Do you want to know a secret?

Photo by Dr John 2005

There’s a strong bias in the web community towards openness. We all know information wants to be free, and we apply that to our daily lives through wikis, blogs, twittering. We’re very comfortable publishing content that’s available to the whole world.

Most people don’t behave like this. My parents worry about people knowing they’re away on vacation in case the house gets burgled, they go out of their way to make sure someone takes the mail in. Some engineers I’ve worked with hoard information like gold, afraid that if they give too much away they’ve lost their own value. Most parties require an invitation from the host, and to avoid giving offense you probably won’t tell anyone about it if they’re not on the list.

Email has a fine-grained, laborious but very powerful mechanism for controlling who sees any information. You specify exactly who it goes to. Others can forward it, but at least that requires an explicit action and leaves a trail.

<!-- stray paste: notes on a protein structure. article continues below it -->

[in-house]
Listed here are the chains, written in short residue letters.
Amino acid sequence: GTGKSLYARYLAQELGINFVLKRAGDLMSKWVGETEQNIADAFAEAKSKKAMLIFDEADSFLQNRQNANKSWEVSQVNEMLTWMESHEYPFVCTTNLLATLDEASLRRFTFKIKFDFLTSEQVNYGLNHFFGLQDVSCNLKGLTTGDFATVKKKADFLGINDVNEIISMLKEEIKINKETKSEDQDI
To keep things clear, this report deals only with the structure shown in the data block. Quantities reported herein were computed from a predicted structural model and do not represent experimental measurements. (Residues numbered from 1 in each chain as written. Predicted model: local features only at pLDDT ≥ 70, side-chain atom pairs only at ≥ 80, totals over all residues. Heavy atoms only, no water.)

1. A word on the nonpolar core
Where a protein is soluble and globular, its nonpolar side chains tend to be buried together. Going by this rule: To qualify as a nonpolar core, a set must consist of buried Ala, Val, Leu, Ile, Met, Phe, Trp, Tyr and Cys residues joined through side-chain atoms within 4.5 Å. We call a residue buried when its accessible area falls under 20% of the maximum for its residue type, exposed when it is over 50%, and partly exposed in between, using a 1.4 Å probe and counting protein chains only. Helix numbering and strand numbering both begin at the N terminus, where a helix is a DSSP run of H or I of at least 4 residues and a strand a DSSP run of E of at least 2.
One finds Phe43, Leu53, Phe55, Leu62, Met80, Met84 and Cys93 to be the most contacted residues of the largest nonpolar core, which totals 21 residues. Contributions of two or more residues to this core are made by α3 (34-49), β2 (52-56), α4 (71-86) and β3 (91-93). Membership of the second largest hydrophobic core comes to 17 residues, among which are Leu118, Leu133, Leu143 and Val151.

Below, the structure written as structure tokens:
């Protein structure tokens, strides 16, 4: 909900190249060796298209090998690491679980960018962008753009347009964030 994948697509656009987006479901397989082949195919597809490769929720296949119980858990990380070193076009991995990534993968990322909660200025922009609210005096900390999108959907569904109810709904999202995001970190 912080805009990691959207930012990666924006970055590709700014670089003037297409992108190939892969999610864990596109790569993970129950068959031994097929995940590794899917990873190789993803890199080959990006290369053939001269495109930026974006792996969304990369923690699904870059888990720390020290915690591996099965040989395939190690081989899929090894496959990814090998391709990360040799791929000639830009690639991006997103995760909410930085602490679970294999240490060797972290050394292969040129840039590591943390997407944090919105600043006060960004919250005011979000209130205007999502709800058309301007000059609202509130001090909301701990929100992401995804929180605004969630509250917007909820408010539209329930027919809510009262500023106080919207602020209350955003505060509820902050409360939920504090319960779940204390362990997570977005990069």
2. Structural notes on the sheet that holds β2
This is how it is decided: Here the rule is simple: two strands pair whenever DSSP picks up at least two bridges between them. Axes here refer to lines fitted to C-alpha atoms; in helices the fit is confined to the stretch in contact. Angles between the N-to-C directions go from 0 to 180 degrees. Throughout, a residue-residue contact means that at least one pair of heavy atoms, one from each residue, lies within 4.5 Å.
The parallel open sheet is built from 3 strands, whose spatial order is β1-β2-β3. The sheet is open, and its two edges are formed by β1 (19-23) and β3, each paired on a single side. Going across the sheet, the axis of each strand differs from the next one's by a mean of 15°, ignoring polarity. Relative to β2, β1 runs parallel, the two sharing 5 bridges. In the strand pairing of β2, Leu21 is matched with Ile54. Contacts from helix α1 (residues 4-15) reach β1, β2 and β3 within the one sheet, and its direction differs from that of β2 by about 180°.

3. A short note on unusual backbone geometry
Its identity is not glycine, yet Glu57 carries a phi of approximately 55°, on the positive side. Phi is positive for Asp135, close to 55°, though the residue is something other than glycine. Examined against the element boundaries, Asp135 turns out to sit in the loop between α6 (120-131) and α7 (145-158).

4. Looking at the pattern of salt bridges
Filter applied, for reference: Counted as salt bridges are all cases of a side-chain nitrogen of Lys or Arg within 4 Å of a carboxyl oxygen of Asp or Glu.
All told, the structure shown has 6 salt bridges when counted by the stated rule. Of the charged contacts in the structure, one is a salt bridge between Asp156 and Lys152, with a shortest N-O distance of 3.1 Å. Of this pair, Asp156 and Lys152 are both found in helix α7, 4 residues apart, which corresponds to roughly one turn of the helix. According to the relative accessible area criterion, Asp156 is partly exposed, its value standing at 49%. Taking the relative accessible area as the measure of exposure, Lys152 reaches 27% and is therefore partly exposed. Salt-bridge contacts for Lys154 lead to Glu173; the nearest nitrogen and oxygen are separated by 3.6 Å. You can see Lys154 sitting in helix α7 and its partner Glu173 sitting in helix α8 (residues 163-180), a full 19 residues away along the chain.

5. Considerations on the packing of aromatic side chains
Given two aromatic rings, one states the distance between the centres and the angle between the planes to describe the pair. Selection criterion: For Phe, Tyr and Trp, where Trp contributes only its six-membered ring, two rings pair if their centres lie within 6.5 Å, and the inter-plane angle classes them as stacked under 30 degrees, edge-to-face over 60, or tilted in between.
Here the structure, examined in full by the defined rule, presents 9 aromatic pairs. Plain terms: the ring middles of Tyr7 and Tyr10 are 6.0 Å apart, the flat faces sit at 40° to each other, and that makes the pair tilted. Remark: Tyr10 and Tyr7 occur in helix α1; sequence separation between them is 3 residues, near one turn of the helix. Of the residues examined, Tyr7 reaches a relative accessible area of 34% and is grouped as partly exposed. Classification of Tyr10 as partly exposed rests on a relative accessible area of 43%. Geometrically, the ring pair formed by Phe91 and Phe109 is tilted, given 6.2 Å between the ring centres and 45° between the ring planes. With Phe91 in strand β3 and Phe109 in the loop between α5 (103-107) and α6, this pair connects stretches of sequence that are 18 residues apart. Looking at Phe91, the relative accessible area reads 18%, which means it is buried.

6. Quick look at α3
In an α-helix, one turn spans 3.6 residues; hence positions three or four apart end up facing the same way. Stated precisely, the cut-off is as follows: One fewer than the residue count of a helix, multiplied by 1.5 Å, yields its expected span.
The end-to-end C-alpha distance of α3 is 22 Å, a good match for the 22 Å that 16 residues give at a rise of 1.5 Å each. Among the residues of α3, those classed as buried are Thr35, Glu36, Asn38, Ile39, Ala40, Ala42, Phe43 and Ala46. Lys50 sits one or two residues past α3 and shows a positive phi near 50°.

Things start to get really interesting once you add circles of trust. JP Rangaswami opens up his mailbox to all his direct reports, but not to the rest of BT. Only my friends on Facebook can see that I’ve just turned 20 in hexadecimal.

Email is the biggest private silo of information by far. I’d be happy to share 75% of my mailbox with everybody I know, but there’s no way to do that, yet. But I’d only be willing to open up any of it if there was some way to be certain that the items I needed to be private really were sacrosanct.  The key to opening up email will be making sure there’s a simple and understandable way to keep secrets. Once we do that, we can take the next leap forward in email by liberating all of the information that’s currently gathering dust in everyone’s inboxes.

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